CM . . .
. Volume XXI Number 36. . . .May 22, 2015
Song for a Summer Night: A Lullaby.
Robert Heidbreder. Illustrated by Qin Leng.
Toronto, ON: Groundwood Books/House of Ananasi Press, 2015.
32 pp., hardcover & pdf, $17.95 (hc.), $14.95 (pdf).
ISBN 978-1-55498-493-0 (hc.), ISBN 978-1-55498-494-7 (pdf).
Preschool-grade 3 / Ages 3-8.
Review by Joanie Proske.
Author Robert Heidbreder has created a stunning children’s picture book, infused with a subtle déjà vu that invites the reader on a magical journey of remembrance. Song For A Summer Night draws upon a simple premise: young children gather outside their homes on a warm summer’s evening to witness the gradual turn of twilight into night.
The story is prefaced with a drawing of an adorable and well-loved purple stuffed rabbit, a perfect metaphor for the book’s comfortable pace and mood. The setting is introduced through a full two-page colour illustration of a small town, showing its close proximity to nearby fields, meadows and woods. The sun has disappeared, leaving a rosy hue in the evening sky. There is an open friendly atmosphere to the community with no fencing or gates, no cars, but just the slightest suggestion of technology with the inclusion of a few telephone poles and streetlights. The focus is upon the warm glow of the lights from the scattered homes with their different-coloured roofs and house styles. The book’s artwork includes enough details to invite young readers to explore beyond the text. Children may have fun guessing which child lives in which home, or wonder to where the cats and skunks disappear. There are plenty of opportunities for readers to practise their own skills of observation using the world contained on these pages.
As night falls, the children begin to peer outside the windows of their homes, eventually giving in to curiosity and gathering outside with friends. Each page is a record of their growing delights at the arrival of small nighttime creatures, such as cats, fireflies, raccoons, and owls. The sky changes as sunset fades, colours deepen, and the stars appear, until gradually the moon bathes everything with its surreal reflective glow.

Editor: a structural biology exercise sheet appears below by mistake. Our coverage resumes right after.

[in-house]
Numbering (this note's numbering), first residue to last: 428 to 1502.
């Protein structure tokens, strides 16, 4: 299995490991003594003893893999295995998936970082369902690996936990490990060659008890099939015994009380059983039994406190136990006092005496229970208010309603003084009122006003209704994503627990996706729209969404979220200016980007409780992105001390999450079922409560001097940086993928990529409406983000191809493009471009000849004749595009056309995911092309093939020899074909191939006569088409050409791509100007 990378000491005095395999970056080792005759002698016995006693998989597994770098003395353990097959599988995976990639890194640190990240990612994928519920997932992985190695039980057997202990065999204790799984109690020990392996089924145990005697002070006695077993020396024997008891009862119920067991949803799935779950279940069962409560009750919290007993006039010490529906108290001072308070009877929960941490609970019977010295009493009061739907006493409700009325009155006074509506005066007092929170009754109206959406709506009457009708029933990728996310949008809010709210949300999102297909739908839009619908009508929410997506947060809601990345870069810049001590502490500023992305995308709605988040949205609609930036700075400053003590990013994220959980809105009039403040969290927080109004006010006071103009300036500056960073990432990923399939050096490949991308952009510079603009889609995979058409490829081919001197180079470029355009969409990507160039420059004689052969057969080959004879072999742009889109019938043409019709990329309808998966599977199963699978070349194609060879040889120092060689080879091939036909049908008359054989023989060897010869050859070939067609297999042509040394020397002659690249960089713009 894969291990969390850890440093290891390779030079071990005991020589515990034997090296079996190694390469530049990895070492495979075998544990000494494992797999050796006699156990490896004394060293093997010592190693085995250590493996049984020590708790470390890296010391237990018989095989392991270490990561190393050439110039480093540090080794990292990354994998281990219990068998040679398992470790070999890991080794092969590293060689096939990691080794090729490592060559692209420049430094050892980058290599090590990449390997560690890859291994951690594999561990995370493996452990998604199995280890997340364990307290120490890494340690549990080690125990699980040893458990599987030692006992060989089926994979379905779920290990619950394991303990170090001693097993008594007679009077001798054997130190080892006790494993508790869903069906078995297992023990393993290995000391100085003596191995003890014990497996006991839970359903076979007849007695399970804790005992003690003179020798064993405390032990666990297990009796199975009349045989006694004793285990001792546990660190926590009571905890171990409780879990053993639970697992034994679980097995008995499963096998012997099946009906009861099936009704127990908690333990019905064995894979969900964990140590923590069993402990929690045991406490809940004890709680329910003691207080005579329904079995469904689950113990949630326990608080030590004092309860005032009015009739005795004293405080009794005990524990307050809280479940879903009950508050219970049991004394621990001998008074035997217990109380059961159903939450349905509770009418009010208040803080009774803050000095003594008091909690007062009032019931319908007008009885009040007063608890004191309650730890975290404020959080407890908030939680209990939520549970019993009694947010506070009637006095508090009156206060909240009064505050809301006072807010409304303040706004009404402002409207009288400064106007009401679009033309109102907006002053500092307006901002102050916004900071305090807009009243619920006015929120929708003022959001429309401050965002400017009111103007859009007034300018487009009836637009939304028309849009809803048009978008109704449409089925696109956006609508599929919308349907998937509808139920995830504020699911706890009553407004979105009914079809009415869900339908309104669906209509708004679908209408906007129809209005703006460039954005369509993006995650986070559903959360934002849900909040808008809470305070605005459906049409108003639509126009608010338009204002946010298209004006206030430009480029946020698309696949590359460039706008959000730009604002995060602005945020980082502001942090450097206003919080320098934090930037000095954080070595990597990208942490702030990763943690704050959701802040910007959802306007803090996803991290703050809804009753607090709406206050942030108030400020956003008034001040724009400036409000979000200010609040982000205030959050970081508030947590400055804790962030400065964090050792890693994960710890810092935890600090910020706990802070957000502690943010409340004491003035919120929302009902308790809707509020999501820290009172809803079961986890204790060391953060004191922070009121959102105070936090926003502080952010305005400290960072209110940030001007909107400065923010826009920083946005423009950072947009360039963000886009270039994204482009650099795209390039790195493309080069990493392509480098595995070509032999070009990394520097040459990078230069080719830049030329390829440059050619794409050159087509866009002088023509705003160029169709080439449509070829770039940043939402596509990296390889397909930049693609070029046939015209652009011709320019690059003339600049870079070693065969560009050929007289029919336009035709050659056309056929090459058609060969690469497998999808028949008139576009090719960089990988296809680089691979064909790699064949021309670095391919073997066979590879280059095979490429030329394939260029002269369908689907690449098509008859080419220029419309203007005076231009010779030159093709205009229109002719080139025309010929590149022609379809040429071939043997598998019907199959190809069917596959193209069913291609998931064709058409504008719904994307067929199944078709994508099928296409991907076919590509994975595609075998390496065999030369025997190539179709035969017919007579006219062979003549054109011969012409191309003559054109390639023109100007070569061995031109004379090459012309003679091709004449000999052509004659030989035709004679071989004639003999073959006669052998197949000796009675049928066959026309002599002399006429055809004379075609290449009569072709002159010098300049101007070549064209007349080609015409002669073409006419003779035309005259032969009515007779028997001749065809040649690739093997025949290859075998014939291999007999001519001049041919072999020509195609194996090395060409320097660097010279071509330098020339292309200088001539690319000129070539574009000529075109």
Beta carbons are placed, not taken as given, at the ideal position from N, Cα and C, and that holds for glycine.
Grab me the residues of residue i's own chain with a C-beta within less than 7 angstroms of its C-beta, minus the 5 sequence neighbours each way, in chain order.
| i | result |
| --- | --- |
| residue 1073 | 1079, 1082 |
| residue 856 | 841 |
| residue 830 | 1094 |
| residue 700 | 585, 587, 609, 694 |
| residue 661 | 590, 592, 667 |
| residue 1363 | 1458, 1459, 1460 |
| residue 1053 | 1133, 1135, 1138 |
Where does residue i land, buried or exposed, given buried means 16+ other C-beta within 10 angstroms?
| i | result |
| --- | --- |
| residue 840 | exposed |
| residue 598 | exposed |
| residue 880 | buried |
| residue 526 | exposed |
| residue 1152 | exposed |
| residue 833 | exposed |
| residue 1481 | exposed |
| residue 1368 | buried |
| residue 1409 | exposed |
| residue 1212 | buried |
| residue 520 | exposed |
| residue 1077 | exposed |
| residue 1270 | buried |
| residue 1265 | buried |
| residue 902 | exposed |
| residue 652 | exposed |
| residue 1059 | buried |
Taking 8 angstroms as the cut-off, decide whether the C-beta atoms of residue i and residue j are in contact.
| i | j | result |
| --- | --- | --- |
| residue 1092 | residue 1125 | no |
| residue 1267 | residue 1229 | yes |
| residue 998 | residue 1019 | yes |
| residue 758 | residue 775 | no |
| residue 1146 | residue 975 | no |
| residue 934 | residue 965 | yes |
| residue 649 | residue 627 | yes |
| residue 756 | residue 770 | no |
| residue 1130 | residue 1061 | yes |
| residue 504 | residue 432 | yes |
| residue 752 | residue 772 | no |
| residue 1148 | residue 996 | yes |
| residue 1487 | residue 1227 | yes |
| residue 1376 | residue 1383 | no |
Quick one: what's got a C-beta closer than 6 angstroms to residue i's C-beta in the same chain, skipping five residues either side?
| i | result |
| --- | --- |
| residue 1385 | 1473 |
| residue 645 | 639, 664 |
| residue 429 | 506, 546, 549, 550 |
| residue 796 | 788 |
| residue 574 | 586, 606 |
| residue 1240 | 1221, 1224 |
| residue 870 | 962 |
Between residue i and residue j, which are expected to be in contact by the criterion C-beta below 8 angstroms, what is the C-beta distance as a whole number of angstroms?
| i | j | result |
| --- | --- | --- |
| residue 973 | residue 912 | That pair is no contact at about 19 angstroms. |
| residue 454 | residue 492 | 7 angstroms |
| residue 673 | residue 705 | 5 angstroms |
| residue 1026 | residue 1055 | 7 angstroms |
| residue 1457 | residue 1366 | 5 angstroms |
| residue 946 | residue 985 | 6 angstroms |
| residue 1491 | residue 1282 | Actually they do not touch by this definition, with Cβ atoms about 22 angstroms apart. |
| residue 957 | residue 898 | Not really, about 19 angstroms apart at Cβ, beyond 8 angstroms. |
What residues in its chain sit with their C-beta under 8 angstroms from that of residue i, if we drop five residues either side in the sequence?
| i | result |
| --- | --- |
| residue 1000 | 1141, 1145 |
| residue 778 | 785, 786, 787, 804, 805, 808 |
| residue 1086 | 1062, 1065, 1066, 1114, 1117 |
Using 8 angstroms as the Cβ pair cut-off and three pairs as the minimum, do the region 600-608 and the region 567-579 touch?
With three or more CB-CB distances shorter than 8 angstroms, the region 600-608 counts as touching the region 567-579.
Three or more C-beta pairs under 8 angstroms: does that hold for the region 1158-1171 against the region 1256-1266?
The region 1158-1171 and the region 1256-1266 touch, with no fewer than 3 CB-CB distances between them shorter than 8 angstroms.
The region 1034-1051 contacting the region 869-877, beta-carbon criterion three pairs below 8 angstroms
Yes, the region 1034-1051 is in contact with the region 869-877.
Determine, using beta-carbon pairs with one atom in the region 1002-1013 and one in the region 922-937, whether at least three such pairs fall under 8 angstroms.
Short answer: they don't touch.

The beautiful artwork by award-winning illustrator Qin Leng enhances the imagery within the text. Each full-page spread captures the changes of light that convey an atmosphere of imagined scents and feelings. The colour palette is grounded in the cool colours of the summer night with touches of warmer hues illustrating the sunset, electric lights and eventual arrival of the new day. As night descends, the shades deepen with stars appearing as splashes across the night sky. Though minimalistic in nature, Qin Leng’s lines capture the whimsical expressions on the children’s faces, the curious gaze of the cats, or the scurrying retreat of the raccoons. Ink and brush outlines are digitally painted but capture a watercolour style of art.
As a former primary teacher, Heidbreder aptly displays an ability to select a poetic style that will resonate with a young audience. He has chosen a short and simple rhymthic (a-b-c-b) pattern for the description of events. Like the lullaby the book portrays, the rhythm creates a rich emotional connection that lulls the reader into the arms of night.
While night air keeps singing
its soft lullaby,
the tired-out moon
seeks its bed in the sky.
Then animals leave,
on feet or on wings,
but the summer night song
lingers on as it sings.
Each new nighttime feature is featured as a growing list of sounds, repeated throughout after each verse. The absence of upper case lettering and the use of cursive handwriting for these sound-inspired words speak to the author’s intent of creating a quiet softness. He invites the reader to whisper these words and join in the shared experience:
In bounce some dogs, with happy leap-bounds.
Their drumming pound-pounds, round out the park sounds:
Shh-shh, glint-glint, pring-pring,
tral-la-la, snap-snap, tip-tap,
hoo-hoo, click-click, purr-purr, scratch-scratch, pound-pound.
The children’s relaxed poses and upturned faces reflect their joy and delight in the last moments of the summer night. As they are called to bed, they can’t resist one last look at the wonder of the moon and the magical atmosphere it has created.
They slip into beds,
eyes shut sleep-tight
They know singing dreams
will ring round them all night.
Soon morning turns bright,
with sun hiding moon,
And children greet day,
humming night’s tune.
At first glance, readers might not recognize Robert Heidbreder’s work as his two other popular books, I Wished for A Unicorn and Drumheller Dinosaur Dance, were illustrated by two other artists, both with very different styles.
Our senses and memories are so closely intertwined that sometimes a visual or verbal cue has the ability to whisk one across time to relive a vivid emotional moment. Song for a Summer Night is a glorious feast for the senses of sight, sound, and feeling, and it is likely that adult readers will immediately be transported back to the happy summer evenings of their own childhoods. It is a book that demands a cozy snuggle with a preschooler as a bedtime story and the sharing of one’s own memories. However, the book would also just as successfully serve as the perfect vehicle for a creative teacher who wishes to explore an introduction to poetry, imagery, and artistic appreciation with primary students. Song for a Summer Night is a book to be savoured over many readings as it celebrates the great joy to be found in the sharing of common experiences.
Joanie Proske is a teacher librarian in the Langley School District, Langley, BC.
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